Drinking plenty of water will lower your risk of kidney stones, researchers report.
“This analysis shows that drinking water is an effective way to cut one’s risk for developing kidney stones in half,” Kerry Willis, chief scientific officer at the National Kidney Foundation, said in a foundation news release.
“Kidney stones cause significant discomfort and cost, along with a potential to contribute to the development of kidney disease, so confirmation of reducing risk through improved hydration is an important finding,” Willis added.
The current research looked at nine previous studies that included nearly 274,000 people. More than 550 people had a history of kidney stones.
The review found that people who produced 2 to 2.5 liters of urine were 50% less likely to form kidney stones than those who produced less urine. That amount of urine production is associated with drinking about eight to ten 8-ounce glassed of water a day, according to the researchers.
The study was presented Thursday at a National Kidney Foundation meeting in Dallas.
“Increased fluid intake had long been suggested as a simple strategy for preventing kidney stones. This large meta-analysis provides further support for this intervention to reduce the risk of kidney stones,” Dr. Wisit Cheungpasitporn, of the Mayo Clinic, said in a foundation news release.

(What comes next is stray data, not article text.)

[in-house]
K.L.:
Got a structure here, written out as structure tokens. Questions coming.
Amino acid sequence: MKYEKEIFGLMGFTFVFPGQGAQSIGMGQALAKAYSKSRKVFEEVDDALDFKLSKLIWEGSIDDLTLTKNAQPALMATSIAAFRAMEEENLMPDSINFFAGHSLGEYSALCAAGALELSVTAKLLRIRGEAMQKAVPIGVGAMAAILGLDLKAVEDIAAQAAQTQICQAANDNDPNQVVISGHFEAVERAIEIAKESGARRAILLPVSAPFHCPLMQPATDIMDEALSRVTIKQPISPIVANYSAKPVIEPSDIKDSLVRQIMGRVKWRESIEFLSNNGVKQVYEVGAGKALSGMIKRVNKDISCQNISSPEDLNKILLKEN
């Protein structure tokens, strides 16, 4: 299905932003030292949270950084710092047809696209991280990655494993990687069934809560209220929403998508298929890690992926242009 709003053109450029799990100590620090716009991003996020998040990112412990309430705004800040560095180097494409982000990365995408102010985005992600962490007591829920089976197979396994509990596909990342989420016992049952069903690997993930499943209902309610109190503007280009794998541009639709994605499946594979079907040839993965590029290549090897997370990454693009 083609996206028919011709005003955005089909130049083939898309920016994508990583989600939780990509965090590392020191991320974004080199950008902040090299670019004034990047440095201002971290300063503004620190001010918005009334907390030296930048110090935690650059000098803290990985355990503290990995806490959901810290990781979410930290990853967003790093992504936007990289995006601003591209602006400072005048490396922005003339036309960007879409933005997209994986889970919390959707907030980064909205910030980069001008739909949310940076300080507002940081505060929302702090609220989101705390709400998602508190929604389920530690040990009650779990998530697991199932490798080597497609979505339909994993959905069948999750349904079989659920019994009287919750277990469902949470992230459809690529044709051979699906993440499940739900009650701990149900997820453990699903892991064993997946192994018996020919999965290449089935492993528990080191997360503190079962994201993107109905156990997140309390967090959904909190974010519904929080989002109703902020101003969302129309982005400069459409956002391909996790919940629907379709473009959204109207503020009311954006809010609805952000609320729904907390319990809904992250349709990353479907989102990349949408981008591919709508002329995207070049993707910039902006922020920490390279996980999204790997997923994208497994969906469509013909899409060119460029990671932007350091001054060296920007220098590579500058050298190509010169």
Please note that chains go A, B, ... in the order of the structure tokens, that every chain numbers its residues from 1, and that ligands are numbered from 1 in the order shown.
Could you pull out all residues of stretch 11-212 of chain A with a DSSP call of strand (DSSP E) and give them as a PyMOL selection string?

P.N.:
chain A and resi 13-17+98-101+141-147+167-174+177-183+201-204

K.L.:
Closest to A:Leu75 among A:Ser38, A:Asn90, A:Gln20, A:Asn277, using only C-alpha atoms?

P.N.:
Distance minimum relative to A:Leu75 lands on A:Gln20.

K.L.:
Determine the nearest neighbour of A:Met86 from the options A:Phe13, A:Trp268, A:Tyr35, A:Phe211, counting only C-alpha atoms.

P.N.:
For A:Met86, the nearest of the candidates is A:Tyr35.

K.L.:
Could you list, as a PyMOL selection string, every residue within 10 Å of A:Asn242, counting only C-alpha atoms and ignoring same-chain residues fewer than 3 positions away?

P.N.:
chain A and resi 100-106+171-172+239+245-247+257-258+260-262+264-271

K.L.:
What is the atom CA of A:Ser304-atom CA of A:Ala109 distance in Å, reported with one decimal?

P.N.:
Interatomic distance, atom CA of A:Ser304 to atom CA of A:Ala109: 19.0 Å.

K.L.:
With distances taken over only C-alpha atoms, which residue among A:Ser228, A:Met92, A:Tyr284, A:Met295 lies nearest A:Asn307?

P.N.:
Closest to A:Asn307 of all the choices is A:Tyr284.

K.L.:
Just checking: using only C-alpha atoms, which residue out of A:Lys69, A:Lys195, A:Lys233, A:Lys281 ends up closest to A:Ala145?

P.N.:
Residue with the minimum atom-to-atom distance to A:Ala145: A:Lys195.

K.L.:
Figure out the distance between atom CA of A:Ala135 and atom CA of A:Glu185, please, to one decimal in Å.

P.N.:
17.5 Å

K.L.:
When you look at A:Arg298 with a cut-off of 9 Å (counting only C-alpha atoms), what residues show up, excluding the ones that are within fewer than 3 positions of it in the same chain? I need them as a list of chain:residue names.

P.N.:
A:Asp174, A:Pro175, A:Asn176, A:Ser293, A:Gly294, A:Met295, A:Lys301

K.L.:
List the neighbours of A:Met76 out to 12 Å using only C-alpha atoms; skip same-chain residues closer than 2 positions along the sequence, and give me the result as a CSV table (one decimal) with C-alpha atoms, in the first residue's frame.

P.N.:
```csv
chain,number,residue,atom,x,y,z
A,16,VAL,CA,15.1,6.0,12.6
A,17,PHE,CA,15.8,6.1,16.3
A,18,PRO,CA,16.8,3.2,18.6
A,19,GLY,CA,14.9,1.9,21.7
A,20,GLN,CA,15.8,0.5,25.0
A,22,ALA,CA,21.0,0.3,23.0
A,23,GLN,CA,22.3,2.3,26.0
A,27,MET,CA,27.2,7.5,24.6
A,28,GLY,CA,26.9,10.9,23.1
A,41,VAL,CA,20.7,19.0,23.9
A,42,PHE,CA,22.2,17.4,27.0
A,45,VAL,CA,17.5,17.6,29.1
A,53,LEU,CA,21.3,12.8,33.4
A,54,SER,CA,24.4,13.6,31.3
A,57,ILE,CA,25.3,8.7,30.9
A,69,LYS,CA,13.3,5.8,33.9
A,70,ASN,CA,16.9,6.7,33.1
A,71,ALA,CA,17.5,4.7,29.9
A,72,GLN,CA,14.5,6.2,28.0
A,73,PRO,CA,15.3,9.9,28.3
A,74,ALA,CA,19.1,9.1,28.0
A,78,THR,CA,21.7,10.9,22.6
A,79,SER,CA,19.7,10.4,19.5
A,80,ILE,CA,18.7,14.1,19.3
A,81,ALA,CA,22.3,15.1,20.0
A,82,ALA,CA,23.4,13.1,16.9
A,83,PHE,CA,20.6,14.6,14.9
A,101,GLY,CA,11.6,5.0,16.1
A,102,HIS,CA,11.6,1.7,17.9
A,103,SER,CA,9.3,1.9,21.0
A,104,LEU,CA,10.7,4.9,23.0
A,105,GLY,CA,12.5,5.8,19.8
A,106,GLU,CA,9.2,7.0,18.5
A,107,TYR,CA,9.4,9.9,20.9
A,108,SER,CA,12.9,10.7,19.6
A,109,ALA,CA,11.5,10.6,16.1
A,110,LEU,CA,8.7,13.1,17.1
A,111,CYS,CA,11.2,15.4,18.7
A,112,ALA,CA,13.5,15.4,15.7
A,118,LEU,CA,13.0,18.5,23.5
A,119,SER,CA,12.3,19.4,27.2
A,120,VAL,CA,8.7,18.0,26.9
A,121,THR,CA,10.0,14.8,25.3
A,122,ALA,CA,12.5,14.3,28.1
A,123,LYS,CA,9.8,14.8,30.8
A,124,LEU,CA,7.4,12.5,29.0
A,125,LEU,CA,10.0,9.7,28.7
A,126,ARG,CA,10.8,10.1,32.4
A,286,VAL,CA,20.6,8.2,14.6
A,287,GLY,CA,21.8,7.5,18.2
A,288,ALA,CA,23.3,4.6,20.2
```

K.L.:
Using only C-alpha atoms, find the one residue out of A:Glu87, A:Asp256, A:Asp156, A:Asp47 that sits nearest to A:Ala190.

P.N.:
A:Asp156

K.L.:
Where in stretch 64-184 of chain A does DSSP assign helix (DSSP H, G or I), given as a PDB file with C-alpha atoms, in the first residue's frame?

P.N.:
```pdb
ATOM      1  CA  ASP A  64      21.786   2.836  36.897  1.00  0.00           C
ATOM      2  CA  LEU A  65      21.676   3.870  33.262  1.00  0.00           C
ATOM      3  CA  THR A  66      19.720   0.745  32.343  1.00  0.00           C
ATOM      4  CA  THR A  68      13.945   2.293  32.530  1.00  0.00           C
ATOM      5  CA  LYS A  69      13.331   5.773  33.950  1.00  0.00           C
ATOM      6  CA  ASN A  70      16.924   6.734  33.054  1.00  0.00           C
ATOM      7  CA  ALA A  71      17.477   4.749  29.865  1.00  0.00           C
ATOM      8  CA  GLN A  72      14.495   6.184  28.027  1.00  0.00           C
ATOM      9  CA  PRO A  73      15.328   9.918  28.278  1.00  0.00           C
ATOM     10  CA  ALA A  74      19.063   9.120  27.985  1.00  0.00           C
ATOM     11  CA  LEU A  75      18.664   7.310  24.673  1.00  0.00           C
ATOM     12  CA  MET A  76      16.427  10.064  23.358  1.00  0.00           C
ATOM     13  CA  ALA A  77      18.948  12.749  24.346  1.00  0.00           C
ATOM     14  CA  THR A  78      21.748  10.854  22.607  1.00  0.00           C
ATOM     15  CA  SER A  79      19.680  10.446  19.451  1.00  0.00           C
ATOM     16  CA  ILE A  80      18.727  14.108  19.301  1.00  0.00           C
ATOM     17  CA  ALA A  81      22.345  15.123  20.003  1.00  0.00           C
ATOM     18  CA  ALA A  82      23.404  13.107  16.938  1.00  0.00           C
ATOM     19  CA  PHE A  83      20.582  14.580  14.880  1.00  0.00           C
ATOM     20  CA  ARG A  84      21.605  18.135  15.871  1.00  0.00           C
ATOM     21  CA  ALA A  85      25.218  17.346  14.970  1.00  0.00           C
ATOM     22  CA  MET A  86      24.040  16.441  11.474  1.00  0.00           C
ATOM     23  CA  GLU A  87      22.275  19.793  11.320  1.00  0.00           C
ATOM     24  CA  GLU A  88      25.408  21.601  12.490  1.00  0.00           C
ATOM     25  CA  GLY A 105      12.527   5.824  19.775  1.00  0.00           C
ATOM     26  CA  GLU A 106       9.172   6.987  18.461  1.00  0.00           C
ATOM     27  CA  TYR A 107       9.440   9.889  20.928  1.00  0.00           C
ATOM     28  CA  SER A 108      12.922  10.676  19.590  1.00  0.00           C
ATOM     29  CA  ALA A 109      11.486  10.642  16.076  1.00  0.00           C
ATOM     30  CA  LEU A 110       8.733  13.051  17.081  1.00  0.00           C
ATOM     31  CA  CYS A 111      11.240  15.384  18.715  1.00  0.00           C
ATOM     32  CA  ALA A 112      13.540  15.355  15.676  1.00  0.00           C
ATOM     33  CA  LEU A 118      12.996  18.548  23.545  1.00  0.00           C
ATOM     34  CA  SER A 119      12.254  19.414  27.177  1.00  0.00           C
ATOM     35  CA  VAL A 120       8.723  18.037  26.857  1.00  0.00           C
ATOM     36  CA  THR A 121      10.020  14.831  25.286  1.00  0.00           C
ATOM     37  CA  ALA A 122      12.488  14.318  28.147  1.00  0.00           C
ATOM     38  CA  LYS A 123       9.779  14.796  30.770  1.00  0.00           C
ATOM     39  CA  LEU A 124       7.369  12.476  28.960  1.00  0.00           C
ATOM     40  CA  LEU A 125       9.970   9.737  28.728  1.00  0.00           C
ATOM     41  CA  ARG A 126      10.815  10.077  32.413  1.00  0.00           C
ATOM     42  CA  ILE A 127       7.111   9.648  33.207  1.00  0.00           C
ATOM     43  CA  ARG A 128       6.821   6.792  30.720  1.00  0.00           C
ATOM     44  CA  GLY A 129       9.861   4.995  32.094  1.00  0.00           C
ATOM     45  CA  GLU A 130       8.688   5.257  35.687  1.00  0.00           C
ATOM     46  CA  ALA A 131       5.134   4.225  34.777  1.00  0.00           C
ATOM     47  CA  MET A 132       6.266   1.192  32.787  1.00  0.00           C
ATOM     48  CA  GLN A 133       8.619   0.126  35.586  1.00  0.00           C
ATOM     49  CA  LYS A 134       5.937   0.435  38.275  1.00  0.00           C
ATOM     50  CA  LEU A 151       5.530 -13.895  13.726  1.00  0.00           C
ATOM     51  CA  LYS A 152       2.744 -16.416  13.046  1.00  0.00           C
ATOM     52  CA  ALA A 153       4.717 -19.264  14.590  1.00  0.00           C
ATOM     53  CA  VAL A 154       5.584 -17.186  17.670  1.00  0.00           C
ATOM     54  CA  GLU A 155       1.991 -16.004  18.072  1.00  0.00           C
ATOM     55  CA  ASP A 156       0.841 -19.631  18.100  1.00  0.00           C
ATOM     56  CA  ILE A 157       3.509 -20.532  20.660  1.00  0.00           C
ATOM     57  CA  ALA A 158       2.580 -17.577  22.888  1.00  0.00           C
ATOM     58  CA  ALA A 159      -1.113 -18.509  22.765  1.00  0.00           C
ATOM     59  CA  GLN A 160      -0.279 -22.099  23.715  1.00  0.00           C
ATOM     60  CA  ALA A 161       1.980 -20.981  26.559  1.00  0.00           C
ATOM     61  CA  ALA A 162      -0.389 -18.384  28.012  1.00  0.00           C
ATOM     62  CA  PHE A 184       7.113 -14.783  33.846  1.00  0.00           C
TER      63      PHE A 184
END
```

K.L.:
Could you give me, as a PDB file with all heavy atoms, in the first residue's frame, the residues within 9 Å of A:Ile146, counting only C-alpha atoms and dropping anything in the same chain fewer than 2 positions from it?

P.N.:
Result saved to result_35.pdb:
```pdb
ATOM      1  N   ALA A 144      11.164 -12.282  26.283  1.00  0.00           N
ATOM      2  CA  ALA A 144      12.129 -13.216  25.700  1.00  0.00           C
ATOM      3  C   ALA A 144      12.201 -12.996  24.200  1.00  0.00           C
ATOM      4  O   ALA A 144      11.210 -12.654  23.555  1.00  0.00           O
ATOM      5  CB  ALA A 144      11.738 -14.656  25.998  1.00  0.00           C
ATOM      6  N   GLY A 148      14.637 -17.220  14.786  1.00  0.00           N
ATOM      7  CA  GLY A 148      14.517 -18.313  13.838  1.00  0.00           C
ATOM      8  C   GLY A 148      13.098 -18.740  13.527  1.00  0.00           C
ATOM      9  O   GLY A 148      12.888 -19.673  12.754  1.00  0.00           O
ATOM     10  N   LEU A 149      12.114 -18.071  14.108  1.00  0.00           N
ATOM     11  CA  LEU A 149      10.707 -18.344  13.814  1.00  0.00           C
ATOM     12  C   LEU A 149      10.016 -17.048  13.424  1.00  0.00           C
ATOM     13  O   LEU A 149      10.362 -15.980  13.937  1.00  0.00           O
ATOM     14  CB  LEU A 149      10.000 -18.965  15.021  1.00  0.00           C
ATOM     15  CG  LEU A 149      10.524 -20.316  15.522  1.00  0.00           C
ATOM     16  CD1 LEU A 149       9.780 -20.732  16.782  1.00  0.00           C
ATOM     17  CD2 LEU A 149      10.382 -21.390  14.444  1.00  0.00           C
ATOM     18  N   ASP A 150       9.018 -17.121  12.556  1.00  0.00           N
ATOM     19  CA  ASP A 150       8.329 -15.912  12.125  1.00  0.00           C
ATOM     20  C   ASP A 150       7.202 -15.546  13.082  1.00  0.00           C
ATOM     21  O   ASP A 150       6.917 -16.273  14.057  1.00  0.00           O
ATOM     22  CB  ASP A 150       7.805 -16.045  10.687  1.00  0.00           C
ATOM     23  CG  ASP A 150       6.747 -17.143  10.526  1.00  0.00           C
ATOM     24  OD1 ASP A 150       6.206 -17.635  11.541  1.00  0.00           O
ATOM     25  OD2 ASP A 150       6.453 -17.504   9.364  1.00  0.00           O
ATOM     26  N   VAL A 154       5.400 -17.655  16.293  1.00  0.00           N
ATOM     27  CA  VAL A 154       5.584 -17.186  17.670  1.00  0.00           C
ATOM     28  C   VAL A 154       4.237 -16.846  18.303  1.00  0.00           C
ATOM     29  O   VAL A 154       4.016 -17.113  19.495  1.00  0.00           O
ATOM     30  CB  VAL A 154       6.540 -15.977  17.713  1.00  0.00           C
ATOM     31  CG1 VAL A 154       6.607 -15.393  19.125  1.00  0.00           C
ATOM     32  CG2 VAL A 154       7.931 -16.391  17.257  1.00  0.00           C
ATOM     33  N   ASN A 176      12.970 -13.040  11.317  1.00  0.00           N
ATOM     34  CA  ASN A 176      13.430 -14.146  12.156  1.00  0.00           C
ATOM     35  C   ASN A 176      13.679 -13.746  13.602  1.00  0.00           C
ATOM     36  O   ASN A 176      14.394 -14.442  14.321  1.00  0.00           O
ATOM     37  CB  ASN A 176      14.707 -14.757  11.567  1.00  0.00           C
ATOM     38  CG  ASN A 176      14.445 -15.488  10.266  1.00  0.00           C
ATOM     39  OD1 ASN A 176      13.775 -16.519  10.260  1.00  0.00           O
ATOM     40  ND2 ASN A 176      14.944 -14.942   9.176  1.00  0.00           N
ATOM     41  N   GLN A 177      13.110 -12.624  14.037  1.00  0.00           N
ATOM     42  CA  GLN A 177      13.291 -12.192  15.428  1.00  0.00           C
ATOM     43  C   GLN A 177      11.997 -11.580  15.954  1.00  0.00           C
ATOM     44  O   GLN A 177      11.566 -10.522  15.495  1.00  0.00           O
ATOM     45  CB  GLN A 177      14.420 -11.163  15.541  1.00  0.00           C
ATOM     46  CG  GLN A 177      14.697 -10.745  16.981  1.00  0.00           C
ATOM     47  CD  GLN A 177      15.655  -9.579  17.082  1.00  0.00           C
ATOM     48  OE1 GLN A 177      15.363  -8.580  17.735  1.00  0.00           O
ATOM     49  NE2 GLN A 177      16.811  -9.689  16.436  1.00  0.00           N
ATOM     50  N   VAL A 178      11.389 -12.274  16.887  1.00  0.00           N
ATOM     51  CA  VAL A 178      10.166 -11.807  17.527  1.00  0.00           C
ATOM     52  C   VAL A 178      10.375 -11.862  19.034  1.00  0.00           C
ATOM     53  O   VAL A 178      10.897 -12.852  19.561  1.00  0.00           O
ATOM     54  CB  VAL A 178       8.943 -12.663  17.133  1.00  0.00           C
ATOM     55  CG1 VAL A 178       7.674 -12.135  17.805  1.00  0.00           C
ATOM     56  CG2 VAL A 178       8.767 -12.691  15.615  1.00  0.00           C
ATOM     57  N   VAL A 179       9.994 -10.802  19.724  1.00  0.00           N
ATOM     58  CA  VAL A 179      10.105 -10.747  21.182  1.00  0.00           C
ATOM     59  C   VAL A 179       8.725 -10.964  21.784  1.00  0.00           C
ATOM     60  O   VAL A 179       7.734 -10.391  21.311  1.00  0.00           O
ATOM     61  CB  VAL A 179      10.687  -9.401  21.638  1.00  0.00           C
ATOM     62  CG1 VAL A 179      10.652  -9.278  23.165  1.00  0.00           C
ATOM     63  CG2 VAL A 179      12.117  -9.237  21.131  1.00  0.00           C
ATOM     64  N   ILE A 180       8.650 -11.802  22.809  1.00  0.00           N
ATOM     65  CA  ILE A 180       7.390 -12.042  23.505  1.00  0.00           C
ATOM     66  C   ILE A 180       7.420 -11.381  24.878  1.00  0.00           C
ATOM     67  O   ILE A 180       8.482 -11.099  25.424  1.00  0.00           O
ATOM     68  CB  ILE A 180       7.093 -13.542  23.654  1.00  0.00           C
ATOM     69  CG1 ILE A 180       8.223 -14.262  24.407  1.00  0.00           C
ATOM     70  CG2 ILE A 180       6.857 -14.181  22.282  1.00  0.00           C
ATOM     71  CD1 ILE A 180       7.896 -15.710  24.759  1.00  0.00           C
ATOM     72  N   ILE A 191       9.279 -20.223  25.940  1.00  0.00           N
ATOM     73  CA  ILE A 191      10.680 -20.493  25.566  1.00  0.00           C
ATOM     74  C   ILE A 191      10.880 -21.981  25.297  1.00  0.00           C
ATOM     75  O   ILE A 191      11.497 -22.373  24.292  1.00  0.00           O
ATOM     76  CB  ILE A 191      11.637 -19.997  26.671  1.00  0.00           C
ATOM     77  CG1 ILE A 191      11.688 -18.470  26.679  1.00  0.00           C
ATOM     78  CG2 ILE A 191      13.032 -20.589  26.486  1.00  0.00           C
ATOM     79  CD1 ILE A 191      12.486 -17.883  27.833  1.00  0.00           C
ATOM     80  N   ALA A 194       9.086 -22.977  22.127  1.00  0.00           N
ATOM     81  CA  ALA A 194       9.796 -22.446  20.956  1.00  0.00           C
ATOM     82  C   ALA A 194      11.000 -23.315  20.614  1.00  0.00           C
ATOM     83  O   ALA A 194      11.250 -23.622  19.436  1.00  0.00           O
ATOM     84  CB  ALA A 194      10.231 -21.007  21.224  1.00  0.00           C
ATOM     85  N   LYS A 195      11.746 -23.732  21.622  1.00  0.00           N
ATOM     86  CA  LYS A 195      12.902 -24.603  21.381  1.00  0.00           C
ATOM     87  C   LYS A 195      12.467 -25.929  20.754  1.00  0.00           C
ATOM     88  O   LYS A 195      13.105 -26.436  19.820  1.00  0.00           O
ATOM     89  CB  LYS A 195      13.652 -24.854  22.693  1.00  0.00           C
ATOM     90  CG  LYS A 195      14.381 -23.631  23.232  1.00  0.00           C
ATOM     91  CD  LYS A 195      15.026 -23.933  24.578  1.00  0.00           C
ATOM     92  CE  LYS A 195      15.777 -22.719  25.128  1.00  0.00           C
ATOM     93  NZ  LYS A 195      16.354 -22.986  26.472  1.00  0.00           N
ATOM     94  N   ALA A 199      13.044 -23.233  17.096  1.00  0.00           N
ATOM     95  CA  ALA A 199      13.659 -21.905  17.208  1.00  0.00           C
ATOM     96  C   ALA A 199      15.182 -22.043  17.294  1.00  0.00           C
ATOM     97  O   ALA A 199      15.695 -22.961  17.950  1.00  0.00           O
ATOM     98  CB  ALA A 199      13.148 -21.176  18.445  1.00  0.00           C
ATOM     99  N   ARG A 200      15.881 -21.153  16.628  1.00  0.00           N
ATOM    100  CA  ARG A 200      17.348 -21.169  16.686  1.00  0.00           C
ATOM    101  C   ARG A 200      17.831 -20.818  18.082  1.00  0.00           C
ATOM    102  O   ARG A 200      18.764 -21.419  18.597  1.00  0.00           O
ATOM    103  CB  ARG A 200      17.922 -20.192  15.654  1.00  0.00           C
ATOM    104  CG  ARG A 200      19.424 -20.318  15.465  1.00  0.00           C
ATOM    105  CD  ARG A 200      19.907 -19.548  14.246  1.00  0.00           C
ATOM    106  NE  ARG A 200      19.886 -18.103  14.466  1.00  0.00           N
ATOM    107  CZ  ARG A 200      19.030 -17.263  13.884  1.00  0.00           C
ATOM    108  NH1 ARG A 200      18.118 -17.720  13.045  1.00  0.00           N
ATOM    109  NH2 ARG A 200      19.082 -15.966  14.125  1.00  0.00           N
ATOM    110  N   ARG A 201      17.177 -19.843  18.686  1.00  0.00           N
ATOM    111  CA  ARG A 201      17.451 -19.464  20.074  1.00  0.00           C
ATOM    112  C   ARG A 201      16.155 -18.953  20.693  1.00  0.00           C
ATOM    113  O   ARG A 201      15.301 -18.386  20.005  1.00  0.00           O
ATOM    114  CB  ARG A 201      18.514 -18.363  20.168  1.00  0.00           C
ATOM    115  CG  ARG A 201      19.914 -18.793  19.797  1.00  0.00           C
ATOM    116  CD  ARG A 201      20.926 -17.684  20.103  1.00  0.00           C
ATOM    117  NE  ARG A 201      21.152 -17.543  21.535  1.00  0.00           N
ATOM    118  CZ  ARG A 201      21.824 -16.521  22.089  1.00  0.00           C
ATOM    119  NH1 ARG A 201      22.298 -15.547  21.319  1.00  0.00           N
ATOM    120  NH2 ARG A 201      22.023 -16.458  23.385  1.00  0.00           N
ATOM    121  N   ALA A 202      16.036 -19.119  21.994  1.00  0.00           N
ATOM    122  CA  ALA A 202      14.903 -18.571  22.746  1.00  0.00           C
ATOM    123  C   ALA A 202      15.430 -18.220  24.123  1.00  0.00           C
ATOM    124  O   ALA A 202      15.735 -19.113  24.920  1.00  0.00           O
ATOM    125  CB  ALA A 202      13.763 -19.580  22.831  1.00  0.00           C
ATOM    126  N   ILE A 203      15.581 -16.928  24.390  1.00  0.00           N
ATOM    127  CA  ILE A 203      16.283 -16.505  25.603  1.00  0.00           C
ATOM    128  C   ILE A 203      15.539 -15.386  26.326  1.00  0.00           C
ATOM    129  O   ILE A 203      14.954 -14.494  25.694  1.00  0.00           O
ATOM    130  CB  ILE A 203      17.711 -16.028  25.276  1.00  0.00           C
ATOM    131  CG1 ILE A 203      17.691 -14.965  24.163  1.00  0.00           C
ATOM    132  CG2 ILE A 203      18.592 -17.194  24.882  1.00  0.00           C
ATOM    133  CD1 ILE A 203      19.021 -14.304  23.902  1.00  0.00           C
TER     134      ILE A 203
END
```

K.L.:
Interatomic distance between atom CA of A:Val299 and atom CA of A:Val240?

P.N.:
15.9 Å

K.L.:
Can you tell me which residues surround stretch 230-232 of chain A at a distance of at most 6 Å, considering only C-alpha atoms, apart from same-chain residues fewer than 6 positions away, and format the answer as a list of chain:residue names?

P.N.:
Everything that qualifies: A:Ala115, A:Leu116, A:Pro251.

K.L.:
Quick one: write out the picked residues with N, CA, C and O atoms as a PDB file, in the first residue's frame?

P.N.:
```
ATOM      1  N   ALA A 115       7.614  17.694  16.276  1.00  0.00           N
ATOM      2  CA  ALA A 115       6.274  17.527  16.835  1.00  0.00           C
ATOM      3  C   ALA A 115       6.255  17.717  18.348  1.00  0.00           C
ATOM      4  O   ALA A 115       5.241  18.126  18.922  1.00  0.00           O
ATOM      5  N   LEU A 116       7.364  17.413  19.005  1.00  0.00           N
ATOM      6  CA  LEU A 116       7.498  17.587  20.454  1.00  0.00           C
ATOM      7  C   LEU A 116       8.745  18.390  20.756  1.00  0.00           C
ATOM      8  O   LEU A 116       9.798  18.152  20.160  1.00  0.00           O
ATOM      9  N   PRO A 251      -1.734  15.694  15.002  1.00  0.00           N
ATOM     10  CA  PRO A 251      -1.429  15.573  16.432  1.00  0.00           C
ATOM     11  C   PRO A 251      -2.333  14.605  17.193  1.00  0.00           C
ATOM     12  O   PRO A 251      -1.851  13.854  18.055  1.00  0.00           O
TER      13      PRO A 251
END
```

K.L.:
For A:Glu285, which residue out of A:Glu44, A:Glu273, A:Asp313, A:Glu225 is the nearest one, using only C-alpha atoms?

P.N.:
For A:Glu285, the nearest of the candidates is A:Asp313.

About one in 10 people in the United States develop kidney stones, the kidney foundation reported.
I have had a kidney stone and “significant discomfort” is a real understatement. It is pain like I have never experienced before.
Kidney stones most often form from metastrophic calcification – mineral deposit due to metabolic error. The chemistry of the body malfunctions and kidney stones are one of the results. Calcium oxalate stones form when the metabolism of vitamin C and the B vitamins is corrupted. Commonly this is causes by massive vitamin C supplementation and B vitamin deficiency.
Water is the universal solvent. It is the medium in which all the body’s chemistry takes place. If you are dehydrated, the chemical components are too concentrated and can crystallize out of solution into stones.
I use a simple formula for water intake – ½ ounce per pound of body weight. So if you weight 150 pounds, you need 75 ounces of water per day. That’s close to the research recommendation of 8-10 eight ounce glasses. However, if you weight more, you need more.
If you exercise daily, then increase that amount. My personal formula is just to drink a lot of water. I have 16 ounces first thing in the morning and the last thing at night. I drink water throughout the day and always during exercise. When cycling, I consume a minimum of 48 ounces every 25 miles or so.
The Bottom Line:
Monitor your water intake until you have developed a habit of drinking plenty of water each day. I drink distilled water whenever possible to reduce the hazardous chemicals that are in our water supply.
Source: March 27, 2015 National Institutes of Health